What is Jon Kabat-Zinn’s definition of mindfulness?
We’ve already explored different Buddhist meanings of this term in the article about its seven alternative translations.
Today, we’re turning to a secular definition of mindfulness that comes from Jon Kabat-Zinn‘s book Wherever You Go, There You Are. In the chapter titled “What Is Mindfulness?” he writes, “Mindfulness means paying attention in a particular way: on purpose, in the present moment, and nonjudgmentally.” Let’s take a closer look at each element of this definition.
1. Paying Attention on Purpose
Paying attention on purpose means taking full responsibility for our well-being through continual, deliberate focus on the world around us. Jon Kabat-Zinn writes:
Mindfulness provides a simple but powerful route for getting ourselves unstuck, back into touch with our own wisdom and vitality. It is a way to take charge of the direction and quality of our own lives, including our relationship within the family, our relationship to work and to the larger world and planet, and most fundamentally, our relationship with ourself as a person.
The key to this path, which lies at the root of Buddhism, Taoism, and yoga, and which we also find in the works of people like Emerson, Thoreau, and Whitman, and in Native American wisdom, is an appreciation for the present moment and the cultivation of an intimate relationship with it through a continual attending to it with care and discernment. It is the direct opposite of taking life for granted.
2. Paying Attention in the Present Moment
Paying attention in the present moment means anchoring our life to the only thing that truly matters — right now. Jon Kabat-Zinn writes:
This kind of attention nurtures greater awareness, clarity, and acceptance of present-moment reality. It wakes us up to the fact that our lives unfold only in moments. If we are not fully present for many of those moments, we may not only miss what is most valuable in our lives but also fail to realize the richness and the depth of our possibilities for growth and transformation.
A diminished awareness of the present moment inevitably creates other problems for us as well through our unconscious and automatic actions and behaviors, often driven by deepseated fears and insecurities. … Over time, we may lose confidence in our ability to redirect our energies in ways that would lead to greater satisfaction and happiness, perhaps even to greater health.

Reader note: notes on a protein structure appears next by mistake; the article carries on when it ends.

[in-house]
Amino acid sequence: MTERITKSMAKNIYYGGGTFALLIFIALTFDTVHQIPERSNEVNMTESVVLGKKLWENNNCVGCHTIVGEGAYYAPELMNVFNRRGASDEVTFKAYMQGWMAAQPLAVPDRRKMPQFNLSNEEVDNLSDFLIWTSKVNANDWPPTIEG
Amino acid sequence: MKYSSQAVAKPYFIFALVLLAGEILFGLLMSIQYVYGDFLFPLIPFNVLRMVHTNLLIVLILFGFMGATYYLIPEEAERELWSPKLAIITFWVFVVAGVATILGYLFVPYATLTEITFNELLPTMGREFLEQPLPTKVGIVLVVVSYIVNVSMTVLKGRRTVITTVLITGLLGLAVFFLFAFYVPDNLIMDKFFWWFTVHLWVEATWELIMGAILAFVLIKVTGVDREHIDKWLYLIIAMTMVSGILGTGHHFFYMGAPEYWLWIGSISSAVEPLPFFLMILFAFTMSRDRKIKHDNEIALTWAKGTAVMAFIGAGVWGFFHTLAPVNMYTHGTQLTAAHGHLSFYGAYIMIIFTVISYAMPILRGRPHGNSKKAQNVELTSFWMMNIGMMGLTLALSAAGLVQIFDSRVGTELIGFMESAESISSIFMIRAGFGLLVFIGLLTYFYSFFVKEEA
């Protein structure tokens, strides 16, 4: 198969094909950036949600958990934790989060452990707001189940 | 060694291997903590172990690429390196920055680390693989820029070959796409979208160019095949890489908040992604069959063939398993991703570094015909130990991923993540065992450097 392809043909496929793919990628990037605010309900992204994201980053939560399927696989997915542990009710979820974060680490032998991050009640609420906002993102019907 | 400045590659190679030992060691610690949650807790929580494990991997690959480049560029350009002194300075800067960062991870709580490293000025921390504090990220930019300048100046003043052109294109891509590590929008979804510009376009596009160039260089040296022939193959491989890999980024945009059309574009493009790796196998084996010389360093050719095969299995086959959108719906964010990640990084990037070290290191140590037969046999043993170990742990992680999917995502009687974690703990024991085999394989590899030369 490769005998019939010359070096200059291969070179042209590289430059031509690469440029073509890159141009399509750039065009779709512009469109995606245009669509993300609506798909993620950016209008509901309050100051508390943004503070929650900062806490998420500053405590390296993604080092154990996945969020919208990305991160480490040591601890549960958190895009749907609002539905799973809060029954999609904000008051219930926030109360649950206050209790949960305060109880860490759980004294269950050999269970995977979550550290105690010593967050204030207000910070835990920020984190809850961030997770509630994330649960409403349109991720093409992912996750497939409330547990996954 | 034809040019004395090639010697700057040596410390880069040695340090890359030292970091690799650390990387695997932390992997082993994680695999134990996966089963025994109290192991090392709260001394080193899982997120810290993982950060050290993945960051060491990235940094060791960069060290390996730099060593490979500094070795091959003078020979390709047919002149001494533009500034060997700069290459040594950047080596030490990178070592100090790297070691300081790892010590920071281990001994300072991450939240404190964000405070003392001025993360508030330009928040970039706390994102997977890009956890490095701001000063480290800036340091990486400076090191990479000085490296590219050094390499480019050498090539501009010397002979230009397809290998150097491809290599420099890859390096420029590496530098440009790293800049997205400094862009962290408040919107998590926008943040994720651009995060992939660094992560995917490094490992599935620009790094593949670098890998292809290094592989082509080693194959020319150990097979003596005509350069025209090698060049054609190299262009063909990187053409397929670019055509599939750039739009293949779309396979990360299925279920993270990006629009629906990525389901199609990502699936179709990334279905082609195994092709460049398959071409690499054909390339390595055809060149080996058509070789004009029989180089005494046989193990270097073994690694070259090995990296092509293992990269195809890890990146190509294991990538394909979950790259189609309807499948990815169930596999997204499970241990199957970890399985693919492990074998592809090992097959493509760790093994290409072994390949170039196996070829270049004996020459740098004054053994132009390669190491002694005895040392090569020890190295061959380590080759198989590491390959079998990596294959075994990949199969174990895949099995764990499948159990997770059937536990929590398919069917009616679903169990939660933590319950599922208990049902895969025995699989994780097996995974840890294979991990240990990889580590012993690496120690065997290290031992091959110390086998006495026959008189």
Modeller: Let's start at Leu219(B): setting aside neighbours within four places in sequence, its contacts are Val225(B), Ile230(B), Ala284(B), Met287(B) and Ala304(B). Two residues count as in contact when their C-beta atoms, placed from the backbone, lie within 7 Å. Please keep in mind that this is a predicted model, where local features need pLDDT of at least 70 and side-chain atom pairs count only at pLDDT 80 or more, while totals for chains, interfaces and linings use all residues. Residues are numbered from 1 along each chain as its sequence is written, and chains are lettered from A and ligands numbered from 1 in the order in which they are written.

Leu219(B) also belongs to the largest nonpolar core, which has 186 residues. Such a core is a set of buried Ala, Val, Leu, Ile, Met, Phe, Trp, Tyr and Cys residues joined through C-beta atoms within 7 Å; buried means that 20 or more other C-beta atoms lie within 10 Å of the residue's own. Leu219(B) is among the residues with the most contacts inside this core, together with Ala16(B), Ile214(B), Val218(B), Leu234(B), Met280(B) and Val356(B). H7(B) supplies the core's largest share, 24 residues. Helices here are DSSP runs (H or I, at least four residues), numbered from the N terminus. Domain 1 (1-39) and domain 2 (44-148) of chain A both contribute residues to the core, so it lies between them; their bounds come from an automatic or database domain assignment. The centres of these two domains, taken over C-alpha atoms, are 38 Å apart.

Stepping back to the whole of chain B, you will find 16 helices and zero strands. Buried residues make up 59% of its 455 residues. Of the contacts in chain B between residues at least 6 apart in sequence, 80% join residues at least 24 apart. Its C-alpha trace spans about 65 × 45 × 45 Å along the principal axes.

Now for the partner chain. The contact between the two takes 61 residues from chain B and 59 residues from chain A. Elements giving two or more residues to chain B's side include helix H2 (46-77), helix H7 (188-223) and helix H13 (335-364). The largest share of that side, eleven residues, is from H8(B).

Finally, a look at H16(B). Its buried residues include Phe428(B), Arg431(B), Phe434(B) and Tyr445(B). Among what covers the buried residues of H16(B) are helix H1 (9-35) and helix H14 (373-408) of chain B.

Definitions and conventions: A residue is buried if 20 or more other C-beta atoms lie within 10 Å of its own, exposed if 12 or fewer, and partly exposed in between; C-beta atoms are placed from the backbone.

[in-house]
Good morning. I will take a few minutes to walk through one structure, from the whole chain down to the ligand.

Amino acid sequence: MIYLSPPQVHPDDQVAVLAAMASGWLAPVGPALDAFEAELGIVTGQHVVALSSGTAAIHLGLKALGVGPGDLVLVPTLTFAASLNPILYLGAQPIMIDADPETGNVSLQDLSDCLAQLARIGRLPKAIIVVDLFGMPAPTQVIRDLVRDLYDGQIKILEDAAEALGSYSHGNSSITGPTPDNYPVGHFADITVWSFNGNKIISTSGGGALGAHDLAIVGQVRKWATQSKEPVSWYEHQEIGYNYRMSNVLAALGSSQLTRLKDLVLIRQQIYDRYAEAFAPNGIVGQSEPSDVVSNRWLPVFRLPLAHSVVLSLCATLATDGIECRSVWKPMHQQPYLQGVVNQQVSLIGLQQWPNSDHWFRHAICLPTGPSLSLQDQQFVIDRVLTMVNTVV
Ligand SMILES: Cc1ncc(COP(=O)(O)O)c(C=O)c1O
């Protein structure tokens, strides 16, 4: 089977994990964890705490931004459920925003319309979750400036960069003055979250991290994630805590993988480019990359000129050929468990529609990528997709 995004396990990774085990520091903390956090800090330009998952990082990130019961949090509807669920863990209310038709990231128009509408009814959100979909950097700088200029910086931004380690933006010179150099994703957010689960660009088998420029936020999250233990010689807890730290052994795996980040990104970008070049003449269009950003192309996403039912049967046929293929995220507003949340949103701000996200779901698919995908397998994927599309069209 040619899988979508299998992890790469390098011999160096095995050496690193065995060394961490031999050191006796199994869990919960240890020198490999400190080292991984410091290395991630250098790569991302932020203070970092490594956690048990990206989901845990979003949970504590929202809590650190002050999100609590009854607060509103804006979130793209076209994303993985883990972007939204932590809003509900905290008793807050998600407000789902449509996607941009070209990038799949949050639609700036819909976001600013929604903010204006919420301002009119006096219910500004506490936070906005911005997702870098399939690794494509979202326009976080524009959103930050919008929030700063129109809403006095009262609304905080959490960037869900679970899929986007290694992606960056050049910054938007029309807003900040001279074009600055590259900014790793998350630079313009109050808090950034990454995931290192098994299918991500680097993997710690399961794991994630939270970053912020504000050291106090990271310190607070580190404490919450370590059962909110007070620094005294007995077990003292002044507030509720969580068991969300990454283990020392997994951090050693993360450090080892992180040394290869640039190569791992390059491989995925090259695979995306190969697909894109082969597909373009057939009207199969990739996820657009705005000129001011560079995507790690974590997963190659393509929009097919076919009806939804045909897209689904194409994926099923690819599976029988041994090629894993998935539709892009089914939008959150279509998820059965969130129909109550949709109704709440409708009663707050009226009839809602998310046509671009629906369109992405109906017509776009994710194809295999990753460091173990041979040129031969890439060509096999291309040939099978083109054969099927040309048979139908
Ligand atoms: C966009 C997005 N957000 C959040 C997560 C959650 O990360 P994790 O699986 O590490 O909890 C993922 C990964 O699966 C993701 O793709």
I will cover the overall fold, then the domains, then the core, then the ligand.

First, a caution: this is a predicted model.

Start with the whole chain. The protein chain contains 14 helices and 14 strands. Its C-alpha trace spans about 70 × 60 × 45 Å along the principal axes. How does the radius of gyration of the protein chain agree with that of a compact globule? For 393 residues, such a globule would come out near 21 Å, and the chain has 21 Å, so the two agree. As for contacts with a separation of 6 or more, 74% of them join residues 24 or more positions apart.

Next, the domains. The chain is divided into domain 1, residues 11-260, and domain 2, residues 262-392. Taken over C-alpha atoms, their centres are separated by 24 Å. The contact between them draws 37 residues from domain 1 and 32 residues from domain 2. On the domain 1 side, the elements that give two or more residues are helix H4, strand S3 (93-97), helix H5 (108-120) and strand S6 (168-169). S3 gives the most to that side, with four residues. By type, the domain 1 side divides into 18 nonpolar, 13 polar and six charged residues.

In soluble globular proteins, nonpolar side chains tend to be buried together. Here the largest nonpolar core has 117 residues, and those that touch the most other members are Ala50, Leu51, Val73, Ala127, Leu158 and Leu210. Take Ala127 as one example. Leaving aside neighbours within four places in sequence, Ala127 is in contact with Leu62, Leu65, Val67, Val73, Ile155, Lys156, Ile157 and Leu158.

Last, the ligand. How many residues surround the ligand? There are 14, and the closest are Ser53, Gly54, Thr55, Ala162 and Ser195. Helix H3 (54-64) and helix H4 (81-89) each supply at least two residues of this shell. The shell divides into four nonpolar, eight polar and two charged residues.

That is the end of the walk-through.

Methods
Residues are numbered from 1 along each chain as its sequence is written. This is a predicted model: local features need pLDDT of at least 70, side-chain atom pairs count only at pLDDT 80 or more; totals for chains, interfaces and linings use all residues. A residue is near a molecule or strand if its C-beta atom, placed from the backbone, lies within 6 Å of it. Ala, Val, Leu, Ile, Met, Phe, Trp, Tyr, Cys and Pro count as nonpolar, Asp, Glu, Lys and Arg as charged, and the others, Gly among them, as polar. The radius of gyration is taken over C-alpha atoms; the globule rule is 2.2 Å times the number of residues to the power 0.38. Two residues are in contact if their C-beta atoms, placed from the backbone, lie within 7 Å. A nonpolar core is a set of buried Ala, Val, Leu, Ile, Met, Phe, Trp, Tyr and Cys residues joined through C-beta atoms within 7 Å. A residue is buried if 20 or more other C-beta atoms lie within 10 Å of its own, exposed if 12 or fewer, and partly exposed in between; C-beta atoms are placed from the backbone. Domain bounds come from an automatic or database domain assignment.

3. Paying Attention Nonjudgmentally
Paying attention nonjudgmentally means letting go of all the ways unhelpful thoughts prevent us from feeling truly alive. Jon Kabat-Zinn writes:
The habit of ignoring our present moments in favor of others yet to come leads directly to a pervasive lack of awareness of the web of life in which we are embedded. This includes a lack of awareness and understanding of our own mind and how it influences our perceptions and our actions ….
When we commit ourselves to paying attention in an open way, without falling prey to our own likes and dislikes, opinions and prejudices, projections and expectations, new possibilities open up and we have a chance to free ourselves from the straitjacket of unconsciousness.
About the book’s author: Jon Kabat-Zinn is a professor of medicine emeritus at the University of Massachusetts Medical School, where he founded Stress Reduction Clinic and the Center for Mindfulness in Medicine, Health Care, and Society. Kabat-Zinn’s extensive contribution to the field of mindfulness has helped many people around the world understand and practice meditation. He has written several books on mindfulness, including Mindfulness for Beginners and The Mindful Way Through Depression: Freeing Yourself from Chronic Unhappiness.
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